Green lights for Beijing, IOC monitoring smog

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BEIJING, Oct 25 (Reuters) Chief Olympic inspector Hein Verbruggen foresees no ''risks or dangers'' in the preparations for next year's Beijing Games, although the problem of air pollution was being closely monitored.

Speaking today at the end of a three-day visit by the IOC's inspection team, Verbruggen said he was confident the Games would be of the highest standard even if there was still much detailed work to be done over the remaining 288 days.

''There is nothing, and I repeat nothing, that is any risk or danger for the organisation of next year's Games,'' the Dutchman, who is chairman of the International Olympic Committee (IOC)'s coordination commission, told a news conference.

''We look towards a lot of green lights as far as the preparations of these Games for next year are concerned ... our friends here (in Beijing) are doing a perfect job to make these Games a great Games.'' A report by the United Nations Environmental Programme released on Thursday said Beijing was on course to hold a Green Olympics but air quality remained a problem.

Verbruggen said it was a concern and the IOC and Beijing Organising Committee for the Olympic Games (BOCOG) were monitoring the situation ''from day to day''.

HEALTH ISSUE ''Let there be no misunderstanding,'' he said. ''This is a health issue, it would be almost insulting that we would not take this seriously, we remain confident that this will be addressed sufficiently.'' BOCOG executive vice president Jiang Xiaoyu said Beijing would continue its multi-billion dollar project to clean up the city's smog but had also planned some contingency measures for Games' time.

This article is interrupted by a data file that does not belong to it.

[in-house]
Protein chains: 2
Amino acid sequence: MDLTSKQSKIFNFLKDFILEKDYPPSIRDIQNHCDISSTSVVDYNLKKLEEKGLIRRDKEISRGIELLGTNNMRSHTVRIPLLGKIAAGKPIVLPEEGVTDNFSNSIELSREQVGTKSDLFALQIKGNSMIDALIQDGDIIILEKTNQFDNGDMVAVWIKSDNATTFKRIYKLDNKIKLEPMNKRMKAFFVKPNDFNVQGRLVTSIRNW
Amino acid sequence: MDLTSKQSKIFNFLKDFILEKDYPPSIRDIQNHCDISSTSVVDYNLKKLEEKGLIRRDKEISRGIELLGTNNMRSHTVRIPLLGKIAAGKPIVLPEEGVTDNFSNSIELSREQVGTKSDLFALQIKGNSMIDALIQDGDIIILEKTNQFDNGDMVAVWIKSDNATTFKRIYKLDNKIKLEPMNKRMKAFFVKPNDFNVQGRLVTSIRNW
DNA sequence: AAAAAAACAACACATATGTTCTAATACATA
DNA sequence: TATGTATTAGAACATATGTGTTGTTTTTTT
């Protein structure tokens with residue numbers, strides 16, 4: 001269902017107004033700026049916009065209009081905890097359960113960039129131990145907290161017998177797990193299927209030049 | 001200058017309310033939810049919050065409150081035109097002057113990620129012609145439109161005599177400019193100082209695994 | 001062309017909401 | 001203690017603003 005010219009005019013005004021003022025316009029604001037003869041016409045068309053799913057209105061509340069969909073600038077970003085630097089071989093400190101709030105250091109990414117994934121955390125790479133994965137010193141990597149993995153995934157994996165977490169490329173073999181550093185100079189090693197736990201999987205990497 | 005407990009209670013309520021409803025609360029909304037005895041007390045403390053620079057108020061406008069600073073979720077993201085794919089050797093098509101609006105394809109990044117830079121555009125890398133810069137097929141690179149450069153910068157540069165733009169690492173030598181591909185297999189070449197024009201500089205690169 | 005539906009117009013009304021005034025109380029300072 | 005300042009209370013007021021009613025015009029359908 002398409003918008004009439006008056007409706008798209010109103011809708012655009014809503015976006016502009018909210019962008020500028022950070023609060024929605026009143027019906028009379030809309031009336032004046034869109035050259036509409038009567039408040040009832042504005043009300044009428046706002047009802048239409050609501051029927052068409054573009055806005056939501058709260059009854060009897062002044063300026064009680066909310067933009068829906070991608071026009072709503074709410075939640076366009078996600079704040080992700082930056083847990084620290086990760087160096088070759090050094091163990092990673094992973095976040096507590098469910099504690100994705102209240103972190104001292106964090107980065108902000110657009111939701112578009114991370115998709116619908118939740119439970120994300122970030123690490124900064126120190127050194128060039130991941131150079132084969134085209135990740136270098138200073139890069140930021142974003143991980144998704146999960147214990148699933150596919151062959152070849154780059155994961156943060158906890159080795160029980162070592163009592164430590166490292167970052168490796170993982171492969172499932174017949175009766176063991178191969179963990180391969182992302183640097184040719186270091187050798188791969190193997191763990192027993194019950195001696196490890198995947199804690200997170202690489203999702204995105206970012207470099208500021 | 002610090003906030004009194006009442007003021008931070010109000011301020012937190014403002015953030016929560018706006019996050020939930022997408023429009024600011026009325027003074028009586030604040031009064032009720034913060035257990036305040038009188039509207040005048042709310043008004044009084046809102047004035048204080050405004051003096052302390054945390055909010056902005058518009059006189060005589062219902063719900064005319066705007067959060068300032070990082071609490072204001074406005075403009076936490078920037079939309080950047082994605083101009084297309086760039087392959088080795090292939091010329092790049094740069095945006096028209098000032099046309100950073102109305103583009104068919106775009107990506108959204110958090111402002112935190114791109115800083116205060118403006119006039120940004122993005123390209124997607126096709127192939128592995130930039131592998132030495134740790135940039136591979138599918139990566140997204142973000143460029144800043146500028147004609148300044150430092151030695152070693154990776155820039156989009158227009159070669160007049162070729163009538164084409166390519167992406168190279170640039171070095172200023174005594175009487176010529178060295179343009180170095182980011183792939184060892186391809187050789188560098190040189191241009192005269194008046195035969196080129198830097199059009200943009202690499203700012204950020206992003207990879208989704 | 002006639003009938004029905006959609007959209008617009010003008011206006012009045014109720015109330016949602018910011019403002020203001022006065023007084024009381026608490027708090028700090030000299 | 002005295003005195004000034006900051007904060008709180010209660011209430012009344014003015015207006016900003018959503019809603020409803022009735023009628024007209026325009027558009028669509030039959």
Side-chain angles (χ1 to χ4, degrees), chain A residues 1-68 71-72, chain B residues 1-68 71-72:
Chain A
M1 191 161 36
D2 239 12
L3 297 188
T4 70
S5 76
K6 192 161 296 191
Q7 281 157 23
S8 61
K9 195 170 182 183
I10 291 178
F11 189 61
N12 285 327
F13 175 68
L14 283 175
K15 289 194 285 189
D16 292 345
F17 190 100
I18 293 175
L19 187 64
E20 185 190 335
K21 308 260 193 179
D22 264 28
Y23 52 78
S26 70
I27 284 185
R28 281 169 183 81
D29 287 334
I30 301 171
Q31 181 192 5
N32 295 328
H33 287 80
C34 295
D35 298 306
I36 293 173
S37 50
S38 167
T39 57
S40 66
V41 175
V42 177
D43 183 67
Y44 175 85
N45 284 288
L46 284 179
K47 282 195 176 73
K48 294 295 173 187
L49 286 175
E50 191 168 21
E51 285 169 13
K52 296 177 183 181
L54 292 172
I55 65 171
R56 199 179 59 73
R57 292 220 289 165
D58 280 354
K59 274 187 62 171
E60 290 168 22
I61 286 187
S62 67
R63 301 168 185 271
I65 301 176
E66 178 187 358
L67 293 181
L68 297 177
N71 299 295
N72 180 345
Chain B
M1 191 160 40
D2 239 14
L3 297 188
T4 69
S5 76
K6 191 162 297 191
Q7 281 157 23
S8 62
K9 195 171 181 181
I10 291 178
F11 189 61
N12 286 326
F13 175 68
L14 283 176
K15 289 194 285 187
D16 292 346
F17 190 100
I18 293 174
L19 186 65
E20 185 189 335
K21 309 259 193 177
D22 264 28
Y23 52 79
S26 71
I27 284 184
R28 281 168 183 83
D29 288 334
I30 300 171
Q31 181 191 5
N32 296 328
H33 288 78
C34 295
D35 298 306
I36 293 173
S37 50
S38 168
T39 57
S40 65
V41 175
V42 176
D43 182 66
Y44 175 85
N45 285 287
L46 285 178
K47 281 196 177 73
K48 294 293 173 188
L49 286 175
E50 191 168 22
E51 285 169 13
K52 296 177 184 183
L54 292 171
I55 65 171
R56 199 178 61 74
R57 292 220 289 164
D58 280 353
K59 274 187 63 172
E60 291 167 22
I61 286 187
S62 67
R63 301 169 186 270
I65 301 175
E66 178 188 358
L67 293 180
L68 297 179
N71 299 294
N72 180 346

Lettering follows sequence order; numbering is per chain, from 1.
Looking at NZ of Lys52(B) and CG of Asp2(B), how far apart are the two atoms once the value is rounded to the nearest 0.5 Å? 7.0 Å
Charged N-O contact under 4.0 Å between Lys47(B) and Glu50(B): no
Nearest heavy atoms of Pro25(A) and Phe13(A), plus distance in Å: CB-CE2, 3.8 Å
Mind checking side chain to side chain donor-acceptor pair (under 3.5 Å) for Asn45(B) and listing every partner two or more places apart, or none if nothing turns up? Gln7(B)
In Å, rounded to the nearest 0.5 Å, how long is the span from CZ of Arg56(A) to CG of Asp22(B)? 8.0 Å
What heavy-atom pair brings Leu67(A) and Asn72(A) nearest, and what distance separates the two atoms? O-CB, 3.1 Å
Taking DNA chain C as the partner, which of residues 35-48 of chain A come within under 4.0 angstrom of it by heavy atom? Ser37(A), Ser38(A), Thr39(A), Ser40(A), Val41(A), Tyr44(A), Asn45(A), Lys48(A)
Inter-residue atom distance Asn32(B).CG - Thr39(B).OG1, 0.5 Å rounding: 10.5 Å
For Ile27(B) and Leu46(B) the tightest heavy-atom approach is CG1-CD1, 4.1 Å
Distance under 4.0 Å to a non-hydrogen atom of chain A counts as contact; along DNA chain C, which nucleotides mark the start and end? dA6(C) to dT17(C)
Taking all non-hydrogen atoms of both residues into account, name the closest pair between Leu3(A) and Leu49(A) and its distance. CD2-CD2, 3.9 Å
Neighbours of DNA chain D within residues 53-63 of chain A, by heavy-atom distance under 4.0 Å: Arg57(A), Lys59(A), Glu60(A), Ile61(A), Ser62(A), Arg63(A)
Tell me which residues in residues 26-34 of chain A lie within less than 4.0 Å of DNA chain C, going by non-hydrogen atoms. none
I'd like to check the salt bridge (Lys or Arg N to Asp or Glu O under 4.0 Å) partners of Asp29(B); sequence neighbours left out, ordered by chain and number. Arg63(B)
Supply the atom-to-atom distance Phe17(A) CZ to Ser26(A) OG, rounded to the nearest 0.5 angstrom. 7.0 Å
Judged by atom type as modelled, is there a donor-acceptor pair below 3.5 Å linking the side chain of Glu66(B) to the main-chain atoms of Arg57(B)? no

These could include taking 1.3 million cars off the city's roads, as happened during a test project in August, and tackling big polluting factories in the suburbs, he said.

''If air quality fails to meet the standards, then we will take some measures to limit their production,'' added Jiang.

''We have to analyse the test data then make proposals and submit it to relevant government departments.'' Verbruggen said there was ''not a remote chance'' that any events would be moved away from Beijing but IOC President Jacques Rogge later reiterated that some competitions might have to be rescheduled.

''Time may be running out and the conditions required for the athletes competing in endurance disciplines might not be met 100 percent on a given day,'' he told the opening ceremony of the World Sport and Environment conference in Beijing.

''For this reason, we may have to reschedule some events so that the health of athletes is scrupulously protected.'' Verbruggen said the IOC was also monitoring delays in the construction of the International Broadcast Centre (IBC) on the Olympic Green.

''The failure of one supplier delayed the construction of a wall which in turn put us behind schedule,'' Jiang said.

''But we believe the construction of the IBC will be completed by the end of the year.'' Reuters BJR DB1827

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